Higher petrol prices contributed to CPI hike
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The consumer price index (CPI) posted year-on-year growth of 2.89% in the first 10 months of 2022 while core inflation rose 2.14%, the General Statistics Office (GSO) revealed on October 29.
A contributor to the CPI hike was higher petrol prices, which went up 36.01% during the period, while gas prices fluctuated in line with changes in the global markets, up 15.35% from a year earlier.
As the COVID-19 pandemic was brought under control, demand for restaurant services has bounced back, leading to a 4.6% rise in eating-out prices in the 10 months. Prices of housing and construction materials also became more expensive, up 2.44% year on year.
While domestic rice prices increased in line with export prices, up 1.16%, foodstuff prices also grew slightly, by 0.95% from the same period last year.
In contrast, prices of educational services fell 0.61% during the January - October period since some localities reduced or exempted school fees for the 2021 - 2022 academic year in response to the COVID-19 pandemic’s impacts. Postal and telecommunications services witnessed a year-on-year decline of 0.4% in prices.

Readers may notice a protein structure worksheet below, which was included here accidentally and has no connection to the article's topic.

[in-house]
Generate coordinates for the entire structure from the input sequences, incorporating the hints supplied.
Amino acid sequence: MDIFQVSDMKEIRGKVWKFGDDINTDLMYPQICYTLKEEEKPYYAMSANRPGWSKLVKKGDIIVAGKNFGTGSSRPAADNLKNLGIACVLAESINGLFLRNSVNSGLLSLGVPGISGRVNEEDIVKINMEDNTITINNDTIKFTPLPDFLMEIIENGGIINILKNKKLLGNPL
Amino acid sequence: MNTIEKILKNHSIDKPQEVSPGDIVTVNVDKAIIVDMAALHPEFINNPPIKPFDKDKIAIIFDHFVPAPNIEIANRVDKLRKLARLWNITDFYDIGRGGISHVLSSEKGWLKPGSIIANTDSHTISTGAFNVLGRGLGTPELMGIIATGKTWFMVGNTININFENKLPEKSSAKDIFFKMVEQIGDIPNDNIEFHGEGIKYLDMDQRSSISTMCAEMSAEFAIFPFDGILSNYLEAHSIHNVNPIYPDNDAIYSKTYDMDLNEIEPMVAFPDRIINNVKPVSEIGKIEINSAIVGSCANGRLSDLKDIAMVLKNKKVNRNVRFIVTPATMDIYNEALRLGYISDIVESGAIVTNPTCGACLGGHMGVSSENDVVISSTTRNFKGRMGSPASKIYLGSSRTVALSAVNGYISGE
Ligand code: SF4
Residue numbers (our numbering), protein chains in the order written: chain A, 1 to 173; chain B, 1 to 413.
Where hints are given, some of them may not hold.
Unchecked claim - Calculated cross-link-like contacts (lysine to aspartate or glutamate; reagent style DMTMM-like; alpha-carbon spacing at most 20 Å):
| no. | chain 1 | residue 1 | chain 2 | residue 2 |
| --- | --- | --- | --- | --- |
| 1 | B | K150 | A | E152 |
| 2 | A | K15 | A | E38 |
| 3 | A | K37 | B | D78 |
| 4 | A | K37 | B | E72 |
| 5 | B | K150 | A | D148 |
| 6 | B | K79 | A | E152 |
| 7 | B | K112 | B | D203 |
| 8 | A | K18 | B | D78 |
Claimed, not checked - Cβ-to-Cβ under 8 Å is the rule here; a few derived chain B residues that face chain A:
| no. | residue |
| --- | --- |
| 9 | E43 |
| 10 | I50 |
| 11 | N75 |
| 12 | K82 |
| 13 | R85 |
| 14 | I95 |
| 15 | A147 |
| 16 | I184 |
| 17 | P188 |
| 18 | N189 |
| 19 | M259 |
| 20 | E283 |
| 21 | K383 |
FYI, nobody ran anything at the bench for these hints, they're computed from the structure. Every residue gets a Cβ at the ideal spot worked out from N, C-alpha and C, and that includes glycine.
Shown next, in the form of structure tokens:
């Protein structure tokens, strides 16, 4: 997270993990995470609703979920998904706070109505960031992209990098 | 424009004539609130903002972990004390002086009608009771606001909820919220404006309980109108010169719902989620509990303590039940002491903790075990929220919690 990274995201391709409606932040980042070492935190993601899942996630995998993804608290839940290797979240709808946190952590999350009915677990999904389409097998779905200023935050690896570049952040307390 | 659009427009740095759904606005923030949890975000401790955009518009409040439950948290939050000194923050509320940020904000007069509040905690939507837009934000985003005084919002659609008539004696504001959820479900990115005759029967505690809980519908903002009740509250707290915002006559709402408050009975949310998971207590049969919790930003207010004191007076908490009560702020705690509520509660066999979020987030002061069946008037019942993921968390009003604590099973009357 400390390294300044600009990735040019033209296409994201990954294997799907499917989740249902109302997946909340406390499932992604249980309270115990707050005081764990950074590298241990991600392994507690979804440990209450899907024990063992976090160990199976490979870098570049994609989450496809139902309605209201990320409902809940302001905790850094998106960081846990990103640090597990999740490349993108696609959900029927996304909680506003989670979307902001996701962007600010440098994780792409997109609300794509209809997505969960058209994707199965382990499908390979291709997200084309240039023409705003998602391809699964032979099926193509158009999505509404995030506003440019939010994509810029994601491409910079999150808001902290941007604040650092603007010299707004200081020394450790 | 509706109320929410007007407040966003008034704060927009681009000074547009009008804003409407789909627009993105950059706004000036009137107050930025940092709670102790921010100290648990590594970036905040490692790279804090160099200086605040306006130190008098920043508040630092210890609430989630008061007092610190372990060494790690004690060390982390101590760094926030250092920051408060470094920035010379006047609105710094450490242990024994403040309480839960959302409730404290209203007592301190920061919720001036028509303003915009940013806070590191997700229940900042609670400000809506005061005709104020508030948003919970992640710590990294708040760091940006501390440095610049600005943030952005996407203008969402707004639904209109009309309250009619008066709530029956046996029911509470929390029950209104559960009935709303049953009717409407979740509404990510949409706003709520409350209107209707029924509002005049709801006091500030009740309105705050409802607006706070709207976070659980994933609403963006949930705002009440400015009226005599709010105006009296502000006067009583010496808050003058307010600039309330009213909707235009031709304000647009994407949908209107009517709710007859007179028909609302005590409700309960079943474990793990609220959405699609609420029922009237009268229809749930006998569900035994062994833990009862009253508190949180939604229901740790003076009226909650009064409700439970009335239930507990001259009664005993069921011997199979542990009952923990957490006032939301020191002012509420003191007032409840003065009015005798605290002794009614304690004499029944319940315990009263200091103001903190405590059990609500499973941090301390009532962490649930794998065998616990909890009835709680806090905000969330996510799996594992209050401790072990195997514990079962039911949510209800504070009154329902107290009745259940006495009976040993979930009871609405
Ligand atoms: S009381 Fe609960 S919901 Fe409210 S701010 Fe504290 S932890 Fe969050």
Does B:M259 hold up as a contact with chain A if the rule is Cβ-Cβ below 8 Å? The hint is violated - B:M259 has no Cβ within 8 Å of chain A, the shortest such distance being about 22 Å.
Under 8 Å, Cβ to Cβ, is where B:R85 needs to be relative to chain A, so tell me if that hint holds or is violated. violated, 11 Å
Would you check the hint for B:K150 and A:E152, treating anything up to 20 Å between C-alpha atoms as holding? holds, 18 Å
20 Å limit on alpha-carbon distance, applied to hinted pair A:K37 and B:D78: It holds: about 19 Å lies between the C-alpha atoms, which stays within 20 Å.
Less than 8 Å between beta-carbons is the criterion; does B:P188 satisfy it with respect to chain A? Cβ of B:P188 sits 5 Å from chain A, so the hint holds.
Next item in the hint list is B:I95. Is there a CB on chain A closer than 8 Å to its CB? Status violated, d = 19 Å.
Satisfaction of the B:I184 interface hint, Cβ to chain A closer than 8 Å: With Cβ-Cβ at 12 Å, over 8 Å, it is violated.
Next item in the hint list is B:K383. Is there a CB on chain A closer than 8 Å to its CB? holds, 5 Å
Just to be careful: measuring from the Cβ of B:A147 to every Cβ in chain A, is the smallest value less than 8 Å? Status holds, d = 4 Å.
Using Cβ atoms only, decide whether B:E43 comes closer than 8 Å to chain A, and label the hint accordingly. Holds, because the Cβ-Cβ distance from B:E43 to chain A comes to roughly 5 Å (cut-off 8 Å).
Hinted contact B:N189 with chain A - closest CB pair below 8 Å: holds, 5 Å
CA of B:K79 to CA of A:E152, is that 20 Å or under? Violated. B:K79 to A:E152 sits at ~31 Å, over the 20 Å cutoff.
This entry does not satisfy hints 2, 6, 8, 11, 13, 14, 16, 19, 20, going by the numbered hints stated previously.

The 10-month core inflation went up 2.14% from a year earlier, lower than the CPI growth (2.89%), showing that changes in consumer prices were mainly driven by fluctuations in food, foodstuff, and petrol prices, the GSO noted.
In October alone, the CPI inched up 0.15% from the previous month partly due to rebounding house rental and school fee hikes in some localities. It rose 4.16% from December 2021 and 4.3% from the same period last year.
The October core inflation increased 0.45% from last month and 4.47% from the same period last year, statistics showed.